Single-Host Hypervisors

Hello all. I’m a long-time watcher, first-time poster.

That said, I am aware of Tom’s liking to XCP-ng as a virtualization platform. Because of his videos on it, I’ve been seriously considering it as a virtualization host for myself (I own and run my small business and I don’t need much for a server - I use a Dell R720xd).

What I need are a few Windows VMs so that I can keep certain apps running in one location, and convenient for me to access when I’m away.

So far, I have limited experience with both ESXi 7 and ProxMox 7. I ran XCP-ng and Xen Orchestra in my home lab for a hot minute but didn’t stick with it because the learning curve for me at the time was beyond what I was willing to do for the application.

Now that I’m looking at changing the way I run my business servers and get more into virtualization, I’ve been doing some testing with running Windows VMs on ProxMox and am incredibly unhappy with how unstable Windows 11 has been on it. I understand there’s some tuning that may be necessary, but it seems like running the world’s most ubiquitous operating system should just work, especially considering I am not doing any PCI passthrough at all.

That said, I’m willing to delve deeper into XCP-ng/XO but I’m getting the impression that whole ecosystem is more geared towards clustered hosts and that’s just not what I’m planning to do.

So, that said, I’m looking for some input on what others in my position are doing/have done and maybe can give me a sanity check.


I have been running XCP-ng for 2 years now on a non-clustered HP DL-360 in my homelab. No complaints. I bought a second server for spares and cold standby backups, just to save power vs clustering. I use both XO and XCP-ng center, preferring the latter for my non-complex setup.
Mostly ubuntu VMs but also Windows just as a trial.
Most of the learning curve for me was understanding the storage options.

Unstable how?

XCP-NG is certainly built to scale, but it does work well with a single host. We run lots of Windows servers for clients, a few Windows workstations, but we don’t currently have ANY Windows 11 VM’s running so I can’t offer much insight other that we have been slow to adopt Windows 11 due to issues when it was first released.

Since Windows 11 “requires” TPM 2.0 to be present, XCP-NG will not be a good choice yet.

Also did microsoft change the licensing to allow a desktop os in a VM? Or did you buy the VM license? Yes they are different, no Microsoft doesn’t seem to care, but it could be only one patch away from things not working. Personally I don’t care, but wanted to throw that out to make sure you knew the risks of desktop under a VM. Stupid rule, a license should be a license and run on whatever you have. I’m sure if has to do with the core based licensing, desktop is only allowed 1 or 2 physical processor (I can’t remember), so under a virtual machine you could have like 300 cores in a single processor config. Just a guess to the reasoning, but I wouldn’t put it past them to restrict us that way.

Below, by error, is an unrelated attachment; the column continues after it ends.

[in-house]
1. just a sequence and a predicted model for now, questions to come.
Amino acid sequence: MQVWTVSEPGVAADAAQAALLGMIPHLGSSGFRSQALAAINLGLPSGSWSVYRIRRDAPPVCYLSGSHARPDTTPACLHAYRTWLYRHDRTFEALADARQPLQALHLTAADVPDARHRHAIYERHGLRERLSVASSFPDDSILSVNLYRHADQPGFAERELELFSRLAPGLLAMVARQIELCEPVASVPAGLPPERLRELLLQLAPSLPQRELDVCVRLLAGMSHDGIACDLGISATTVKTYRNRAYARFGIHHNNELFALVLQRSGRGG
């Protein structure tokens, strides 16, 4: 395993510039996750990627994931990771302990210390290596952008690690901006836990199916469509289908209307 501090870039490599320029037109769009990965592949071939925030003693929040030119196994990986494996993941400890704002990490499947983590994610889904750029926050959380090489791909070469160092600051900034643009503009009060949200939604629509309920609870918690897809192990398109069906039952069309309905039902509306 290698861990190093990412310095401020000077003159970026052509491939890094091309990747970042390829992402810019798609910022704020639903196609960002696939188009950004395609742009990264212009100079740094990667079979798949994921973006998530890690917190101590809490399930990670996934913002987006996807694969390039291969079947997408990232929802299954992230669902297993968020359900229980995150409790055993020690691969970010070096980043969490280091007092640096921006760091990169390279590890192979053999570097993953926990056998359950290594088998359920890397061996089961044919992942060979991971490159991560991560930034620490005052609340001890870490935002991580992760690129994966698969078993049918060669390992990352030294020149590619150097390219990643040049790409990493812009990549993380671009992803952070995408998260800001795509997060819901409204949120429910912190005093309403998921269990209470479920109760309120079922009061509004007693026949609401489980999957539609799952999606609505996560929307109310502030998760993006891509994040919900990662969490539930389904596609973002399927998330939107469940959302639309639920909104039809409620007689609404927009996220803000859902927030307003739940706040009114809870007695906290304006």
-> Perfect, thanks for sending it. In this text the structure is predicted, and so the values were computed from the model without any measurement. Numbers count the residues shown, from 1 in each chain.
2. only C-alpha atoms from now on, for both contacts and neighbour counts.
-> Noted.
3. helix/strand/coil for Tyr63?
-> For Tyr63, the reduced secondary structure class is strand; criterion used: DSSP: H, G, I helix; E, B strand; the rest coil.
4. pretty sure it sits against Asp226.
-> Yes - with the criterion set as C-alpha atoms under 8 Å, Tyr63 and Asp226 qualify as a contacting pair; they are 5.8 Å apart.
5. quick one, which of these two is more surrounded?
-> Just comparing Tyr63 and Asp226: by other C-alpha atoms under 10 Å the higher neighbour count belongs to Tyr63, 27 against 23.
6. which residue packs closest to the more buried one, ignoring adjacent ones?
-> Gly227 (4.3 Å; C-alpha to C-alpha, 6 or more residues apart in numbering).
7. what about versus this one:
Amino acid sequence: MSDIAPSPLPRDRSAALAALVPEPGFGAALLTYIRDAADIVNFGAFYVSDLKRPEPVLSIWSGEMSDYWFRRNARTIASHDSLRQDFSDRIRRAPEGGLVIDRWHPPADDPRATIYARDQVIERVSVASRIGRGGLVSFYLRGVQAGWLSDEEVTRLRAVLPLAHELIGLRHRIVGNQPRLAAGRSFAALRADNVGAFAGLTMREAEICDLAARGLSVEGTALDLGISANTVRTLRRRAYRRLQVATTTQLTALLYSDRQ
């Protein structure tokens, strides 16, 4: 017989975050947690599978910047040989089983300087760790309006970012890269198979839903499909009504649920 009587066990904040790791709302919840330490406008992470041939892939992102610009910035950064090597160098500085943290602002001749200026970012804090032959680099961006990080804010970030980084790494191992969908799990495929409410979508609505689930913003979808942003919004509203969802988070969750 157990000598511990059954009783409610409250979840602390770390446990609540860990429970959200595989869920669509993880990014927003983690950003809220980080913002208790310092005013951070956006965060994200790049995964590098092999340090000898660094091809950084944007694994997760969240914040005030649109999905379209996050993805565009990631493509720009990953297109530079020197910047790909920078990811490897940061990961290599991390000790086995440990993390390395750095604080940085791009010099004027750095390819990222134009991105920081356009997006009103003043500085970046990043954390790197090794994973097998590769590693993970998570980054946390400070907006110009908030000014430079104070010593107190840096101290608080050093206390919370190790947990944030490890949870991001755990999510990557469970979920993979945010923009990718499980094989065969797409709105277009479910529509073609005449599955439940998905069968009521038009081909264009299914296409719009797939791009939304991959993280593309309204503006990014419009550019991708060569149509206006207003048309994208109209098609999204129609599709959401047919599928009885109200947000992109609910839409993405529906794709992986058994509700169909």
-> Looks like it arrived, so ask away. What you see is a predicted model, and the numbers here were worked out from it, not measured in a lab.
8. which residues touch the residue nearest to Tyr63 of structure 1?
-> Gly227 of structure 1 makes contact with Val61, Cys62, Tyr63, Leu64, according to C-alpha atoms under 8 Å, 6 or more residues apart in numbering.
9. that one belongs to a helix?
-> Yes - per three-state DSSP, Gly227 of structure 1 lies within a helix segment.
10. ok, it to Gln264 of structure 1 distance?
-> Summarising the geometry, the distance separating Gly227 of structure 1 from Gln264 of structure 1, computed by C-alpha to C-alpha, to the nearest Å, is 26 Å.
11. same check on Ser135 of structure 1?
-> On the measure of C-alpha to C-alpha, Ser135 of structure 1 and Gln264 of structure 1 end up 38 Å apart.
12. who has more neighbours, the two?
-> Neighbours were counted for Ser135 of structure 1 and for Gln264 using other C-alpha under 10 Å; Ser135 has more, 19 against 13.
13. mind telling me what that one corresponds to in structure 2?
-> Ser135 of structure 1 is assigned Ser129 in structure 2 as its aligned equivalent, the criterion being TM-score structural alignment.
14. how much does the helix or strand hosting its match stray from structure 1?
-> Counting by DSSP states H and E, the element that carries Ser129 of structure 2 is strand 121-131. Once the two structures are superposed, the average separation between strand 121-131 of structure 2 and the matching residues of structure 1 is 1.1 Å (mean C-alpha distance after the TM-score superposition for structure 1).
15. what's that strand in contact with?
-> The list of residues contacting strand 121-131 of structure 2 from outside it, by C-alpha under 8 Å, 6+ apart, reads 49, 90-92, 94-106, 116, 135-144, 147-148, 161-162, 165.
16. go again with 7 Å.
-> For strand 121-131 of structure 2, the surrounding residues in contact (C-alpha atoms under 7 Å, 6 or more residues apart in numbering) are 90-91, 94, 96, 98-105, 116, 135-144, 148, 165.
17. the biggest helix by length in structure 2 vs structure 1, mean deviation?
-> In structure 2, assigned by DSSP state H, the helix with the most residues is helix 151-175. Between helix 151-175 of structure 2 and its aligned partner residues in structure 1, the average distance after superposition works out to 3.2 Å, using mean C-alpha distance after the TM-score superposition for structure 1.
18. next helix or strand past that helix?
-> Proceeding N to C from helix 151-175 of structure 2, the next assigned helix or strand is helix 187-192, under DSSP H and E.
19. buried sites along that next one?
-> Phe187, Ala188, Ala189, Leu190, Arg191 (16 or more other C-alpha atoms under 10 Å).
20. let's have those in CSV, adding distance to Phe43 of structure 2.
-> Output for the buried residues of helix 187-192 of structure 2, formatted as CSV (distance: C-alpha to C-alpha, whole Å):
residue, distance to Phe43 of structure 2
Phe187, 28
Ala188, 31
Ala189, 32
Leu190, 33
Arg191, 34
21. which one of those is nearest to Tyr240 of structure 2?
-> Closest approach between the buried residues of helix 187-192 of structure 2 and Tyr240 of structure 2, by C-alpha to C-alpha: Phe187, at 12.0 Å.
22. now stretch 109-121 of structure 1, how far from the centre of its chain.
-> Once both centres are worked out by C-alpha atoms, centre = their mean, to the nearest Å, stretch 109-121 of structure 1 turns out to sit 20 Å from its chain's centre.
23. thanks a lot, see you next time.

Unstable as in the VM literally just turns off on me whenever I’m running any kind of intensive application. No windows blue screen, no error generated in ProxMox. Just turns off. I haven’t done a lot of work into figuring out why, to be honest, I plan to look into it this weekend to make sure there’s not something about my setup that qualifies me as an “edge case” somehow…

Thanks for the notes regarding single-host use.

I have seen this sentiment about Windows 11 a lot and I think I am understanding why. Besides the issues I’ve been having on the VM, I’ve had issues on bare metal that have supposedly been fixed, and the user experience feels too half-assed to me. Like Windows 10, but to a worse degree IMO, they wanted to revamp everything but stopped 3/4 of the way through and gave up. For example, to send a shortcut to the desktop for a file, you have to right click, then click more options which reveals the legacy context menu, then do the usual for sending a shortcut to desktop…

Thanks for the heads-up on licensing. I never even realized that a VM and bare metal license are different and can’t understand why it matters, but whatever. I’ll cross that bridge when I’m ready to settle on a solution and actually deploy it. Microsoft Licensing rules require a 2-yr degree to understand fully.

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In regards to the Win11 system licensing, you may want to look into MS O365 E3. May also just be easier to deploy it in Azure though.

Windows 11 just turns off as a VM is a known issue with KVM/QEMU. This isn’t a ProxMox issue but rather KVM/QEMU issue. There are some discussions on the cause such as virto drivers. Right now they’re looking into it. Windows 10 works fine.

As someone mentioned TPM 2.0 as a requirement. There are ways around that. In ProxMox you can enable vTPM.